Off-lattice Monte Carlo computer simulations and numerical polymer reference interaction site model (PRISM) integral equation calculations were performed to quantitatively probe the origins of entropic corrections to Flory-Huggins theory for athermal polymer blends with stiffness disparity. This model system is of interest since it has been recently proposed for describing commercially relevant hydrocarbon polymer mixtures. The novelty of the simulations is that the chemical potential changes on mixing for both components are evaluated. We have considered mixing under constant density conditions, and find surprisingly that the suffer component is stabilized on blending, while the flexible component is characterized by a positive interaction or χ parameter. The net effective single χ parameter describing these blends, however, is close to zero suggesting that they are completely miscible over a wide range of stiffness disparities and chain lengths. PRISM theory is found to be in good agreement with the simulations for both structural and mixing thermodynamic properties. While purely entropie nonrandom mixing effects could be relevant in determining system thermodynamics, especially for large stiffness disparity, the dominant contribution to the chemical potential changes on mixing arise from equation-of-state (EOS) effects since the two pure components and the mixture are at different pressures when examined at the same density. The EOS contribution to the mixing free energy for small stiffness mismatch is shown to be quantitatively reproduced through an extension of the generalized Flory approach. Through the use of PRISM theory we find that athermal, nonlocal entropy-driven phase separation can occur for long enough chains and high enough stiffness disparity. However, since no phase separation is predicted for stiffness disparities relevant to experimental hydrocarbon systems, regardless of chain length, we suggest that enthalpic effects have to be evoked to explain the limited miscibility of these commercially important mixtures.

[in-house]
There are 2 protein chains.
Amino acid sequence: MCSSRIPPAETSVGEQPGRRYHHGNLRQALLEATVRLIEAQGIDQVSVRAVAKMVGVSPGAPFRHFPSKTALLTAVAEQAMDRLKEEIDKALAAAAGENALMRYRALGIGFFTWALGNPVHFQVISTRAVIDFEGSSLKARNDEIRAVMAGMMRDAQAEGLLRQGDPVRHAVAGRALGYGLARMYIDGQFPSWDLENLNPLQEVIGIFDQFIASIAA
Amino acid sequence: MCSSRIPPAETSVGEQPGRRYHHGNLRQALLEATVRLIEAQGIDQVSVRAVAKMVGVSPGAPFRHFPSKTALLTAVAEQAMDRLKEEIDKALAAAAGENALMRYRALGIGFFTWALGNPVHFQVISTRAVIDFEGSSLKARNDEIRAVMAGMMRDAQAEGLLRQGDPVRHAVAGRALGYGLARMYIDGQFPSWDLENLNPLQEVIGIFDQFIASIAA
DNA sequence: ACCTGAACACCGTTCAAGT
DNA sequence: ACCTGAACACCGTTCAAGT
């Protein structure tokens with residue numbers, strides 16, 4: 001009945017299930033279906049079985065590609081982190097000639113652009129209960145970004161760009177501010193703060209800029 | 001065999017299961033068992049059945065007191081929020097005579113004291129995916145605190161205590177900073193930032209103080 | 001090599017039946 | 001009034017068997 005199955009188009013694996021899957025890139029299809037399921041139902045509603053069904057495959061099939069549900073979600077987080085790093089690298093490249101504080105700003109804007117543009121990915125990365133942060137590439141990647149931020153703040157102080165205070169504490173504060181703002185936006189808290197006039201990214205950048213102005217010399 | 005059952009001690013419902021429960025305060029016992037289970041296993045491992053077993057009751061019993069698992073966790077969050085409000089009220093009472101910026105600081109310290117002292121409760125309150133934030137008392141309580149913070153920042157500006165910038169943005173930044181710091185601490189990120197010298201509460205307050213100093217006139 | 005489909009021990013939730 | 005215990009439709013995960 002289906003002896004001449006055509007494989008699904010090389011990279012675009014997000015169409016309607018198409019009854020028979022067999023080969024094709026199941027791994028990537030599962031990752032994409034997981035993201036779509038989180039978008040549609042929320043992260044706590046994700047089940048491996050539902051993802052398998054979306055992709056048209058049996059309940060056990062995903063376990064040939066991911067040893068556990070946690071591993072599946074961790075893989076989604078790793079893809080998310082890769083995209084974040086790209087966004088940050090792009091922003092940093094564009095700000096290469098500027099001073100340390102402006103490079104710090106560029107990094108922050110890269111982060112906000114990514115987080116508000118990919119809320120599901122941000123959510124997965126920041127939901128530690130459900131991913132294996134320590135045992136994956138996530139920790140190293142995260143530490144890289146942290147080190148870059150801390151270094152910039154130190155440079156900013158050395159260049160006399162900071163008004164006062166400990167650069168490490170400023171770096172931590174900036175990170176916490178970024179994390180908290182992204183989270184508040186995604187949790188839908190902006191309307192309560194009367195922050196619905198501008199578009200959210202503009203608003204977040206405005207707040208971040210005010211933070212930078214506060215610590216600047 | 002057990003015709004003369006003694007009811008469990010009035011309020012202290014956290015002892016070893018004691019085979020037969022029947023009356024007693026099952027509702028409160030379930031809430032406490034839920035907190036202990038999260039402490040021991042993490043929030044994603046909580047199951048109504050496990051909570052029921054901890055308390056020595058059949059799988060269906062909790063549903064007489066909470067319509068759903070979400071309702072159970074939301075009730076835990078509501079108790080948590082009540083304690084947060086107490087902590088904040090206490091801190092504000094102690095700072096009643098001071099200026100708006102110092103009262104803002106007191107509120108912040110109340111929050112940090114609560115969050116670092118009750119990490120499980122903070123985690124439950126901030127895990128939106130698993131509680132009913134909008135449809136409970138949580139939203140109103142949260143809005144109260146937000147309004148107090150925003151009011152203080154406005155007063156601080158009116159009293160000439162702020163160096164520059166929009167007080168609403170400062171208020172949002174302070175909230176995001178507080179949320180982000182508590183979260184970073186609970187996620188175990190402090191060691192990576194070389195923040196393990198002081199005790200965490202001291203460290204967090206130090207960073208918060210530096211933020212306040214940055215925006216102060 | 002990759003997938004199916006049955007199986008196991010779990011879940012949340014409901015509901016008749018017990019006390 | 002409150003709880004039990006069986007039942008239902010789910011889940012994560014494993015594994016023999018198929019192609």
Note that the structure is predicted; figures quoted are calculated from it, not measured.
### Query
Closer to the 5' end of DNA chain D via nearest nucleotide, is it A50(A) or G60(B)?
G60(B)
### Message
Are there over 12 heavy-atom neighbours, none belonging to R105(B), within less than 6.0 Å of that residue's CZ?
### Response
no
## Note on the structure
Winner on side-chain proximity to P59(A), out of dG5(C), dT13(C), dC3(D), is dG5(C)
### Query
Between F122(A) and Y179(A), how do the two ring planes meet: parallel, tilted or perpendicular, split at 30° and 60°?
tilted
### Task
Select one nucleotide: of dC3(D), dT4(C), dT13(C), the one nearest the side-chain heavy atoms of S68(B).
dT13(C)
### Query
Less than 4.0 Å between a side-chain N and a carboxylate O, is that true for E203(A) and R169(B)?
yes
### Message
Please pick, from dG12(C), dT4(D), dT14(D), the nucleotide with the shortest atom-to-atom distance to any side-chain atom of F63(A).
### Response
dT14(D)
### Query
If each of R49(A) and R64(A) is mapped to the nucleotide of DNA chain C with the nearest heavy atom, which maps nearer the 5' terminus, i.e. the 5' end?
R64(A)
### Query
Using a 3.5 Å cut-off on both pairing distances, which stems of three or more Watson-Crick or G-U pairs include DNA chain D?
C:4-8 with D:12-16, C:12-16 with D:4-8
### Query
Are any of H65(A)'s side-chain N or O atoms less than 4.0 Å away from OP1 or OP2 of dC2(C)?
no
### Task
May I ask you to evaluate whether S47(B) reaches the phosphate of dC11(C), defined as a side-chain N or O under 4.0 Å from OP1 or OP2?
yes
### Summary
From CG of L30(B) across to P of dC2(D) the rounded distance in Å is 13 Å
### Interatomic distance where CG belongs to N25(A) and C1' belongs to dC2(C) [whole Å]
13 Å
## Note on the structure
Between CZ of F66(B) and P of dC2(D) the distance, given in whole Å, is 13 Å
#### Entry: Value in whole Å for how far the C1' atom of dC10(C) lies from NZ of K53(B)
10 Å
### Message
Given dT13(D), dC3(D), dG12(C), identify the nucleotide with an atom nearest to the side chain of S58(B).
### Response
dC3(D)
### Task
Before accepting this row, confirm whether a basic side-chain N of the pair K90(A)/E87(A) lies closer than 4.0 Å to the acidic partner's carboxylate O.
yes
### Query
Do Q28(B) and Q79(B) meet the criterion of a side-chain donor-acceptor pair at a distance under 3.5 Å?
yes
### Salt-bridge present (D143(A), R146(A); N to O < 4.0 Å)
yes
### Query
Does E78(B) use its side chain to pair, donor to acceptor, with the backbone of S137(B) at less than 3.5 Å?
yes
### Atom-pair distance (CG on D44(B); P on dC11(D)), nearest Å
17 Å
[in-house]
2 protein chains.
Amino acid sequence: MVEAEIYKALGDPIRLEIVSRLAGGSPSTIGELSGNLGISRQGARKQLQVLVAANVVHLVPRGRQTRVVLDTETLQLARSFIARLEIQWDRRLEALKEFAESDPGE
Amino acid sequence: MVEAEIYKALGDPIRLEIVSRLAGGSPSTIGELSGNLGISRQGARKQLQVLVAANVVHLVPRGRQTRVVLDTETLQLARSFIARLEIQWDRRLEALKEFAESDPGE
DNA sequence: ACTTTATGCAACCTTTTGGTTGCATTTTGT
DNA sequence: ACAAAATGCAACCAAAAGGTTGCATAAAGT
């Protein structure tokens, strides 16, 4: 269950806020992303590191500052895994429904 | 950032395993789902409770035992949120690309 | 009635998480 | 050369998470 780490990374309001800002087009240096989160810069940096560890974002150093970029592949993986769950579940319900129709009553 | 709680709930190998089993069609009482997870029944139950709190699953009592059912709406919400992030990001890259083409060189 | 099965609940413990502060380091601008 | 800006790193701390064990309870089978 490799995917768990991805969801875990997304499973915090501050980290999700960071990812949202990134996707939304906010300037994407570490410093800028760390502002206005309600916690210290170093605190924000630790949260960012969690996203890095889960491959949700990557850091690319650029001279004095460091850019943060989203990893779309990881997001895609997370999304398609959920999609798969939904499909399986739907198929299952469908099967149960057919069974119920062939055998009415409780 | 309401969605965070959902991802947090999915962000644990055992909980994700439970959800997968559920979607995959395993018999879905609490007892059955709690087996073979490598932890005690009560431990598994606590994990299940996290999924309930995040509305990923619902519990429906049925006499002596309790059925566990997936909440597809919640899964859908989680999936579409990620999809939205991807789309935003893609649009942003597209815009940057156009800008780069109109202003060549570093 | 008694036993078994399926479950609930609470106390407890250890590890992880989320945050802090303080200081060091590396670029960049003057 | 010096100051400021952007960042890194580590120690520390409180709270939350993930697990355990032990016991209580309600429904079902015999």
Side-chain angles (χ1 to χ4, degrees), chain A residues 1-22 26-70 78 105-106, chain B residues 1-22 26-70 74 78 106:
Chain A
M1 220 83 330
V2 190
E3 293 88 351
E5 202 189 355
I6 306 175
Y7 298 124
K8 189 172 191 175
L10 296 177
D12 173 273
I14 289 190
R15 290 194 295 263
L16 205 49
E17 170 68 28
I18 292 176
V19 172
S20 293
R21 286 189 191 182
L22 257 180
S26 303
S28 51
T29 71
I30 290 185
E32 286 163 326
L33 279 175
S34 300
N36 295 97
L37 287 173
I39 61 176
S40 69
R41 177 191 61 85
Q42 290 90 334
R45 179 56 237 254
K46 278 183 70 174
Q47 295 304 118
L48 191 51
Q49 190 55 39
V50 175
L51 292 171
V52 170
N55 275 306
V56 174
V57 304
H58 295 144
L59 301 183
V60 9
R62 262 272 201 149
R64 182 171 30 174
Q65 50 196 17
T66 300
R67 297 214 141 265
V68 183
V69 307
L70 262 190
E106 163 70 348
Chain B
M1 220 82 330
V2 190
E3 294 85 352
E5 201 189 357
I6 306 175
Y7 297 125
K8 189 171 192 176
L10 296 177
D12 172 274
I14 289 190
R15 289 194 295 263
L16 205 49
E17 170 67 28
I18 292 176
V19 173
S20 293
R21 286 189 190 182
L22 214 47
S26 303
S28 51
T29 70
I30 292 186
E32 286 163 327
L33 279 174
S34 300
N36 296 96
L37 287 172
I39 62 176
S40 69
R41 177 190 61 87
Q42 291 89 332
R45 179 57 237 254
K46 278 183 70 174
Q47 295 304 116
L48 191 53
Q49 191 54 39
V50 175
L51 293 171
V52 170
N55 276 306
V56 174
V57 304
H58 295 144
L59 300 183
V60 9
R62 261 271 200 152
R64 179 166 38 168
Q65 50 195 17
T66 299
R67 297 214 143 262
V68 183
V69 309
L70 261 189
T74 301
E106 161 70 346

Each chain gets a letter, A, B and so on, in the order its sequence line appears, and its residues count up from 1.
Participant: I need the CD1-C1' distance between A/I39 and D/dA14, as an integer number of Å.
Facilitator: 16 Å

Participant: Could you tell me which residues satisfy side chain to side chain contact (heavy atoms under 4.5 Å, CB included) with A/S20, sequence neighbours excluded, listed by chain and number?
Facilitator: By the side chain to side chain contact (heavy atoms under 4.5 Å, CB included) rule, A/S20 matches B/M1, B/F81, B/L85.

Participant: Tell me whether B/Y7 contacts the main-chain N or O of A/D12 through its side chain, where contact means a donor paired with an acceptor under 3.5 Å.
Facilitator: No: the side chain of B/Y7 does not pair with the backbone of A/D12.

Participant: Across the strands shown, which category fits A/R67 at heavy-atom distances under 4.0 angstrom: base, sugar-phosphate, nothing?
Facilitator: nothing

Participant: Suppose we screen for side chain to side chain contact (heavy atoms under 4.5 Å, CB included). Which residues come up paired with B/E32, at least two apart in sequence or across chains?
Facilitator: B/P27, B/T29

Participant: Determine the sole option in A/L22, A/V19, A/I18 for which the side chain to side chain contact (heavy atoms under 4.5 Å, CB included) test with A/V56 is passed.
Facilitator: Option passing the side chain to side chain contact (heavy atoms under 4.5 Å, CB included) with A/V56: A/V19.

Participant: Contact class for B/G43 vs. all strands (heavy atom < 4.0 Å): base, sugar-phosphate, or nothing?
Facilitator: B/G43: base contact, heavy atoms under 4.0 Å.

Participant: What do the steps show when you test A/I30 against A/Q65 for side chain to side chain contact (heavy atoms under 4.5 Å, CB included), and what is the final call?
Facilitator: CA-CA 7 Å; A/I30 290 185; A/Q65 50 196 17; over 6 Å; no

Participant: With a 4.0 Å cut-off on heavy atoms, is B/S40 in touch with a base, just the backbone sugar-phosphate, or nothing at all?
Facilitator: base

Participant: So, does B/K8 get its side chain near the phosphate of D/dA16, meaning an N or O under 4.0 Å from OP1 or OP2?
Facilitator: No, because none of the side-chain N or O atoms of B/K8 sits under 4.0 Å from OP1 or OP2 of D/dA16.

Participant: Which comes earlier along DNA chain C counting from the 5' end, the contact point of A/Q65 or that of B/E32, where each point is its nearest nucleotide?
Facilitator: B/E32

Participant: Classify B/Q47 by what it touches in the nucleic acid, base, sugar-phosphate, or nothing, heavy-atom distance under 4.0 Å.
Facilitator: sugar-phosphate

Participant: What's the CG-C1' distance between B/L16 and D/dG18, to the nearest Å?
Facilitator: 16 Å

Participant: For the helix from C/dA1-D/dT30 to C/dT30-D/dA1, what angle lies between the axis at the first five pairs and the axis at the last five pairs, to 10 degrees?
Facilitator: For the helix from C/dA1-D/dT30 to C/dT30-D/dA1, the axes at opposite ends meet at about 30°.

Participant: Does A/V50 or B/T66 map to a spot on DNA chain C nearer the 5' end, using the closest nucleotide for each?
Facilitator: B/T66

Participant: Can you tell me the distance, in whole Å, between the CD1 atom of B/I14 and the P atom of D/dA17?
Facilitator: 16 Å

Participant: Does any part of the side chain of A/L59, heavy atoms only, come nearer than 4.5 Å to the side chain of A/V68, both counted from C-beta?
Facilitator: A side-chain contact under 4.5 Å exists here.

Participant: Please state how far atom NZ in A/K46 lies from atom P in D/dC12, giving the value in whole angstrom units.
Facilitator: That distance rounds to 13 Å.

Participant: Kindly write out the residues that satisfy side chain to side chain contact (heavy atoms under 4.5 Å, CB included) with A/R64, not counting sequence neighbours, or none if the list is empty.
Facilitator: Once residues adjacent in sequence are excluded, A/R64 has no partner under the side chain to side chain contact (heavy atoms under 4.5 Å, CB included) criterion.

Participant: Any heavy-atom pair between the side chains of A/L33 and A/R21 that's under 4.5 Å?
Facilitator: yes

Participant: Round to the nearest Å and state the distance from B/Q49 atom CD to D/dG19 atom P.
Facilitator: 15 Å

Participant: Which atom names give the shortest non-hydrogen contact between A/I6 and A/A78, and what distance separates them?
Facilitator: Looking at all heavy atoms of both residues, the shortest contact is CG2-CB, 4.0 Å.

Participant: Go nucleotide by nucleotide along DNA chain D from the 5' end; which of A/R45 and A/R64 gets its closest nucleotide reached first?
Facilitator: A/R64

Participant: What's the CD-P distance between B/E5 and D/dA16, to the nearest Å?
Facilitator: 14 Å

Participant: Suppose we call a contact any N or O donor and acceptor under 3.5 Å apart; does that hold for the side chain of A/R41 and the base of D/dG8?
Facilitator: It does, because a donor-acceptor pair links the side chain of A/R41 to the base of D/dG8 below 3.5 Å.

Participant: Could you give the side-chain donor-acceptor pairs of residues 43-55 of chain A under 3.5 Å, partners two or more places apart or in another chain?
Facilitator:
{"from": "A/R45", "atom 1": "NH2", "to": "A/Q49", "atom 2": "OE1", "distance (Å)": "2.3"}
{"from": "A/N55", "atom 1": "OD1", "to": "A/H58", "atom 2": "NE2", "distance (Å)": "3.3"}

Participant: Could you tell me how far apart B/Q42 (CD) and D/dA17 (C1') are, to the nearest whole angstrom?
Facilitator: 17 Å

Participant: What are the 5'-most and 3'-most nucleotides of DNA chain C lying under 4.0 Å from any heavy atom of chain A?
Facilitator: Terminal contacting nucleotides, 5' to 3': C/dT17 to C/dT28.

ASJC Scopus subject areas
- Physics and Astronomy(all)
- Physical and Theoretical Chemistry